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  (Source: insightgeneration.com)
While the results are inconclusive, this is an important first step to more rigorous studies that research the link between male infertility and cell phone electromagnetic waves

A team of international researchers has found that cell phone use may have negative effects on the fertility of men.

Rany Shamloul, study leader and a postdoctoral fellow in the Department of Pharmacology and Toxicology at Queen's University, along with a team of U.S. and Austrian researchers, have found that male cell phone users have lower quality sperm than those who do not have cell phones.

Shamloul and his team conducted the study between 1993 and 2007 at an Austrian infertility clinic, where the sperm of over 2,000 men had been collected and examined. Men were asked if they owned and used cell phones at the time of collection, and those who used one on a daily basis were labeled cell phone users. 

After studying the collected sperm and cell phone users and non-users, the researchers found that men who regularly used cell phones had higher levels of circulating testosterone, but lower levels of luteinizing hormone, which is a key reproductive hormone that secretes by the pituitary.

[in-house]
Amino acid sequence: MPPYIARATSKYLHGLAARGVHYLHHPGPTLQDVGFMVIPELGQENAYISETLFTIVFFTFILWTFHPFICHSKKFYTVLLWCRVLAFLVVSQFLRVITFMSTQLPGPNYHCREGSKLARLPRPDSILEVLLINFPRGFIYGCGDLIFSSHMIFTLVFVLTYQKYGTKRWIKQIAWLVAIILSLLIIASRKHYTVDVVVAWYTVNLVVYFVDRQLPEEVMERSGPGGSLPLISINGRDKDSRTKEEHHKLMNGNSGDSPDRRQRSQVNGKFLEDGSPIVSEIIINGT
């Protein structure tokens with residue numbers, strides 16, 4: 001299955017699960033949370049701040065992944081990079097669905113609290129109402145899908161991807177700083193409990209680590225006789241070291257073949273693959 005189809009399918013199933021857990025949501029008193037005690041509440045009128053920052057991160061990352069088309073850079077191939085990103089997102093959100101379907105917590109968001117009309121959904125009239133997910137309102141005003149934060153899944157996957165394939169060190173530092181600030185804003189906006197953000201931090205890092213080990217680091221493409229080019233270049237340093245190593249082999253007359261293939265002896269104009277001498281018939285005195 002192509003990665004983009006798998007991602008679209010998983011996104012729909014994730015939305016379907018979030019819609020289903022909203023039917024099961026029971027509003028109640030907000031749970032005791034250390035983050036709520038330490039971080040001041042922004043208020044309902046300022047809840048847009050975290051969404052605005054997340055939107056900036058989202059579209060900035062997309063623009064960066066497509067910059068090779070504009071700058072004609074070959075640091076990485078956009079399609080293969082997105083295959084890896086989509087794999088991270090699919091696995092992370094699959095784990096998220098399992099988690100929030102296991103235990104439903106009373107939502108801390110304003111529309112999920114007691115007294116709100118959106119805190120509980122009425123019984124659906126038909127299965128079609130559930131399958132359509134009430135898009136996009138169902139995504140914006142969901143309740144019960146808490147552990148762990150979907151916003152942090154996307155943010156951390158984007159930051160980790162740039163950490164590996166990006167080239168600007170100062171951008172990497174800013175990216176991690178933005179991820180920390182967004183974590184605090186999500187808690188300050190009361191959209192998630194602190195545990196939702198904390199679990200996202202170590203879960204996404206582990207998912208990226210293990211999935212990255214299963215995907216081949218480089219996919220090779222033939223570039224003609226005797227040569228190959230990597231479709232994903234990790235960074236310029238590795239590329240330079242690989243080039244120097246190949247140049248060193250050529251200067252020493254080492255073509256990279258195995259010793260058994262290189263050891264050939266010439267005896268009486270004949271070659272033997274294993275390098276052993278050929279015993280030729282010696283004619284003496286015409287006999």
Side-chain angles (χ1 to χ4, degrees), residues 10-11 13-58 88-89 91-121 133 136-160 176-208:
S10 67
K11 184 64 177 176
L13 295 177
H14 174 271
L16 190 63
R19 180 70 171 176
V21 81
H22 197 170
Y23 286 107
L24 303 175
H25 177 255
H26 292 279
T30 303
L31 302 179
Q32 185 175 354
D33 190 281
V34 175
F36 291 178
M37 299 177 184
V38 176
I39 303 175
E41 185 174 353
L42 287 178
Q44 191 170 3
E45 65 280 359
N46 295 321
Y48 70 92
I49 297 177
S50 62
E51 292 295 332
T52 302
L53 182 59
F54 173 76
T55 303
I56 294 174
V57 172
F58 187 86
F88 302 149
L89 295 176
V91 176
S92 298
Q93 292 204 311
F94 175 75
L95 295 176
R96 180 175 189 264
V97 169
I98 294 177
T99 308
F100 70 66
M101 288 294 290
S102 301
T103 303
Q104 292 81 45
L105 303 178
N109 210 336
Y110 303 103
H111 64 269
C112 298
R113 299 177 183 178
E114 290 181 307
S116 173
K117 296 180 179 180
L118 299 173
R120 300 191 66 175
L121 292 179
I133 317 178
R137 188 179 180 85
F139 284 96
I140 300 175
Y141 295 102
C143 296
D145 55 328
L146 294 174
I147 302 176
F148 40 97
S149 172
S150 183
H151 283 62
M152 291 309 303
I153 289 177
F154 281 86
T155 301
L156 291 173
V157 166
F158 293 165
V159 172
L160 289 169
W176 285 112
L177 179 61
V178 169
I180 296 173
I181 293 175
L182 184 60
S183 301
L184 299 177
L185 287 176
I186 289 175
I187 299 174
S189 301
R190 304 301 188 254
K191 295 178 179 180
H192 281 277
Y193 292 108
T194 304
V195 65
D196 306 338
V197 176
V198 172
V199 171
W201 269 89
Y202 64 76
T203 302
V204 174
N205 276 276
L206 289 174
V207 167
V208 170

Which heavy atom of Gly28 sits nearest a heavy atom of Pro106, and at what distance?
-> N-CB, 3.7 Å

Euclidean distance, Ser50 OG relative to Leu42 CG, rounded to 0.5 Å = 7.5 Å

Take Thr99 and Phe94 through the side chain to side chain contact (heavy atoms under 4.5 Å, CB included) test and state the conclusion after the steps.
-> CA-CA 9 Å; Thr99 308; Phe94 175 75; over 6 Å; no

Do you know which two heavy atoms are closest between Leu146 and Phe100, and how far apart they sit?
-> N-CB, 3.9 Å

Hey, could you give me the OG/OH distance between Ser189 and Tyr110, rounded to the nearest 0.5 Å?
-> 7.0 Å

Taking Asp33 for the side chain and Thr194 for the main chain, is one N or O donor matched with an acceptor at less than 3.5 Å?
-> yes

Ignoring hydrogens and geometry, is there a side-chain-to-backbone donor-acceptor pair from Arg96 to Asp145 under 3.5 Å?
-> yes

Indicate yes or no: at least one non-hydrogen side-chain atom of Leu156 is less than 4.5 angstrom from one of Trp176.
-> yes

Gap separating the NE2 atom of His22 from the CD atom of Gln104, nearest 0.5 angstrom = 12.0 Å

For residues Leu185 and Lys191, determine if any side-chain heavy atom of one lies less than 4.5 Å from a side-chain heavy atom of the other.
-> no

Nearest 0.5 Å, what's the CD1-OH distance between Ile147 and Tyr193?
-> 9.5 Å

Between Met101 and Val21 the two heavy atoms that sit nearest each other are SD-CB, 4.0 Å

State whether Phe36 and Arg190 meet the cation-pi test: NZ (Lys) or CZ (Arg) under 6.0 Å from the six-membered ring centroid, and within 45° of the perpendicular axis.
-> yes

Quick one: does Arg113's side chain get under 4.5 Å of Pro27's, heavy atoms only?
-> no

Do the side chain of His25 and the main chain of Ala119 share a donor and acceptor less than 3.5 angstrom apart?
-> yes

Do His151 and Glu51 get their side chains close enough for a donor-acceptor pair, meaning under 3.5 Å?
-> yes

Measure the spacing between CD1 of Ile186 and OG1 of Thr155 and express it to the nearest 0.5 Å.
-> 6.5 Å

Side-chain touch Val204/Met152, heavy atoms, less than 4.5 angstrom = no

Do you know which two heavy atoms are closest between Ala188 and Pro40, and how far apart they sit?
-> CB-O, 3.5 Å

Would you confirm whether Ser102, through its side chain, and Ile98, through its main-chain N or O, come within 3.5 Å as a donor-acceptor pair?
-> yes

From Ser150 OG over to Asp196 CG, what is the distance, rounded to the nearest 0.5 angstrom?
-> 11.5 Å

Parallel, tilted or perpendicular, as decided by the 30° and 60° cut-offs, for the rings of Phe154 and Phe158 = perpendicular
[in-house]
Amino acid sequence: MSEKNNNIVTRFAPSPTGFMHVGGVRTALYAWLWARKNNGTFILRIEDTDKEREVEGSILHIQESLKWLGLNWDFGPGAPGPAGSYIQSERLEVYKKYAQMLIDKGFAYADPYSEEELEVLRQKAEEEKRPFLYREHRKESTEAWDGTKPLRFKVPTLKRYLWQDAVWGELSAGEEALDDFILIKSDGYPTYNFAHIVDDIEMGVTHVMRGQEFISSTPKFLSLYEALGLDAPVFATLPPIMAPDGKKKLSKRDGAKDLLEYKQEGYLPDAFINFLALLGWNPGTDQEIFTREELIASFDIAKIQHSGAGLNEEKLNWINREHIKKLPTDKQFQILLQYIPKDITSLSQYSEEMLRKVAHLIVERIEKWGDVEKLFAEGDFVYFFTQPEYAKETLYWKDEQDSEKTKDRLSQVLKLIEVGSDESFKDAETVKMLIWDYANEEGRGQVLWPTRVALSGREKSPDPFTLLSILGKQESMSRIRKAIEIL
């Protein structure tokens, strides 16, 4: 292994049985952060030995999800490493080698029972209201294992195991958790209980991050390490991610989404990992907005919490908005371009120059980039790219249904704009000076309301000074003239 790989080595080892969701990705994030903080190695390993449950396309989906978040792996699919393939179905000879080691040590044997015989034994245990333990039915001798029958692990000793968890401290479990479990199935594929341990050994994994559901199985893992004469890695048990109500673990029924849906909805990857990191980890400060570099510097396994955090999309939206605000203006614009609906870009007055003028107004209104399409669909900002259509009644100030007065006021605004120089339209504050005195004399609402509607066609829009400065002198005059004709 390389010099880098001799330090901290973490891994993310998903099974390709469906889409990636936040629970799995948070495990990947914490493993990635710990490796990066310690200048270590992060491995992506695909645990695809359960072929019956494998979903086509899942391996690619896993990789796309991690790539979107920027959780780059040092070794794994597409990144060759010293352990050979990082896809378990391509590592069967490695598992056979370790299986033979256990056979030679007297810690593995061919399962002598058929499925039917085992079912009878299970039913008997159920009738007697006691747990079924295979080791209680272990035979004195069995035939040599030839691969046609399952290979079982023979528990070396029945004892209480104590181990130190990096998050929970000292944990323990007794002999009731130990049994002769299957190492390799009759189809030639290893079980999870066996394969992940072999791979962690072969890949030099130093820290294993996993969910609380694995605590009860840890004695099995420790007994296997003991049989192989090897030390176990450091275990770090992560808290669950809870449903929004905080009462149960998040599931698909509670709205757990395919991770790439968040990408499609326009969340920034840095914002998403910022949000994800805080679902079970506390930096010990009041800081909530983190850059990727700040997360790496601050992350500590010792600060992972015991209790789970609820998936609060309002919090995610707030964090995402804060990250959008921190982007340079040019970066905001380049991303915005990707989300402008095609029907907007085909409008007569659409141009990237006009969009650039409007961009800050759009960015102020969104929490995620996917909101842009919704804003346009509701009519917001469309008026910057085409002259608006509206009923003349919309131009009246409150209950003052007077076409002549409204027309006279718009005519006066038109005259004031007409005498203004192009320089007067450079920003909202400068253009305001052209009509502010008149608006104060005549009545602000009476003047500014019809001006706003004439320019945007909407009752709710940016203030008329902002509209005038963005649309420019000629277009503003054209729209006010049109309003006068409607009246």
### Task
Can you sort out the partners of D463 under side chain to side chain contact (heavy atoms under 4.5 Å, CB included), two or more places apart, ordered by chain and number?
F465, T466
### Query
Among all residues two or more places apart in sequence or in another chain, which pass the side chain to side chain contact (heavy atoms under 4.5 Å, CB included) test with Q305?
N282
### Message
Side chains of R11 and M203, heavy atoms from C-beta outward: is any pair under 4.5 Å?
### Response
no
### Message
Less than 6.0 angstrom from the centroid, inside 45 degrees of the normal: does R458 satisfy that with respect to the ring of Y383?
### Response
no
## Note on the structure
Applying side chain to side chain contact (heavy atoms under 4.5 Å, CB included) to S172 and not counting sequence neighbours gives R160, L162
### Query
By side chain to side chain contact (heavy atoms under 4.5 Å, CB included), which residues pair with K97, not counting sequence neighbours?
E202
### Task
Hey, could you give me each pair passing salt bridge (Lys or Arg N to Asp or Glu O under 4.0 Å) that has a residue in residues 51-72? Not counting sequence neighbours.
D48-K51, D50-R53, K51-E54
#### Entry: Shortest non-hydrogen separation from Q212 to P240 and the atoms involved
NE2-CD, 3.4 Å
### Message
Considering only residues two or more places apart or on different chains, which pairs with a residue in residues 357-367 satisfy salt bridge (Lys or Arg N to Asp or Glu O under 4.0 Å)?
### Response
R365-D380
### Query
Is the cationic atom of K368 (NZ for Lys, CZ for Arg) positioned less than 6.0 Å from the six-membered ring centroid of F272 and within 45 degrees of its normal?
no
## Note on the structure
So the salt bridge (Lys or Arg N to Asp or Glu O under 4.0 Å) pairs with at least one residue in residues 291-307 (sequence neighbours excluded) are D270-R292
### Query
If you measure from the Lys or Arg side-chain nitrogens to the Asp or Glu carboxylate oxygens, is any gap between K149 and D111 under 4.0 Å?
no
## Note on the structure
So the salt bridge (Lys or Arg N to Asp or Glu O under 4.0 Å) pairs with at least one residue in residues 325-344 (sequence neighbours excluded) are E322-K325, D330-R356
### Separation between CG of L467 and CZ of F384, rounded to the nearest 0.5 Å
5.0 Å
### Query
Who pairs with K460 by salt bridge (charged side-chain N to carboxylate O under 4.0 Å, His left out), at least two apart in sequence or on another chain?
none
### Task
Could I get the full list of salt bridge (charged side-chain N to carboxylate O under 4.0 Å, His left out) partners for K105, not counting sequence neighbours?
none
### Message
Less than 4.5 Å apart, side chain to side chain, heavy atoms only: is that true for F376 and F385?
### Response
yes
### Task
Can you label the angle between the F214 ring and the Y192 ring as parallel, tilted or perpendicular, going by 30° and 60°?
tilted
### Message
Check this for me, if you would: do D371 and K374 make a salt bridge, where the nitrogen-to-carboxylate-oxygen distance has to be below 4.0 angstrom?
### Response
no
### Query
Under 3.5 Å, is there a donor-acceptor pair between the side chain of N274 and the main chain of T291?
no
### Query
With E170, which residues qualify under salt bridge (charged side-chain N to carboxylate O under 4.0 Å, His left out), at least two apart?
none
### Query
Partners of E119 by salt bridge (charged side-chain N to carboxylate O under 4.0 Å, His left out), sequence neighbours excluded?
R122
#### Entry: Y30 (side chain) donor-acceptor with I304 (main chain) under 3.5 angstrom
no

The researchers' theory is that the electromagnetic waves that cell phones emit increase the number of testosterone-producing cells, but also lower levels of luteinizing hormone. This, in turn, may negatively impact fertility. 

But at this point, these results are not conclusive. The researchers need more time and research to determine if the cell phone use is really what is causing the low quality sperm, or if it's something else. 

Whether cell phone use is the culprit or not, this is an important first step to more rigorous studies that research the link between male infertility and cell phone electromagnetic waves.



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RE: Hmm...
By Reclaimer77 on 5/23/2011 12:35:37 PM , Rating: 2
This study, like most of this type, proceed from a false premise that everyone has the same level of fertility in the first place and that the cell phone use MUST be the catalyst for some change. When, in fact, we don't know if there WAS a change in fertility hormone levels in the first place from person to person.

Also, like women, men have hormonal "cycles" too that effect our potency. I see nothing in the study about this being accounted for.


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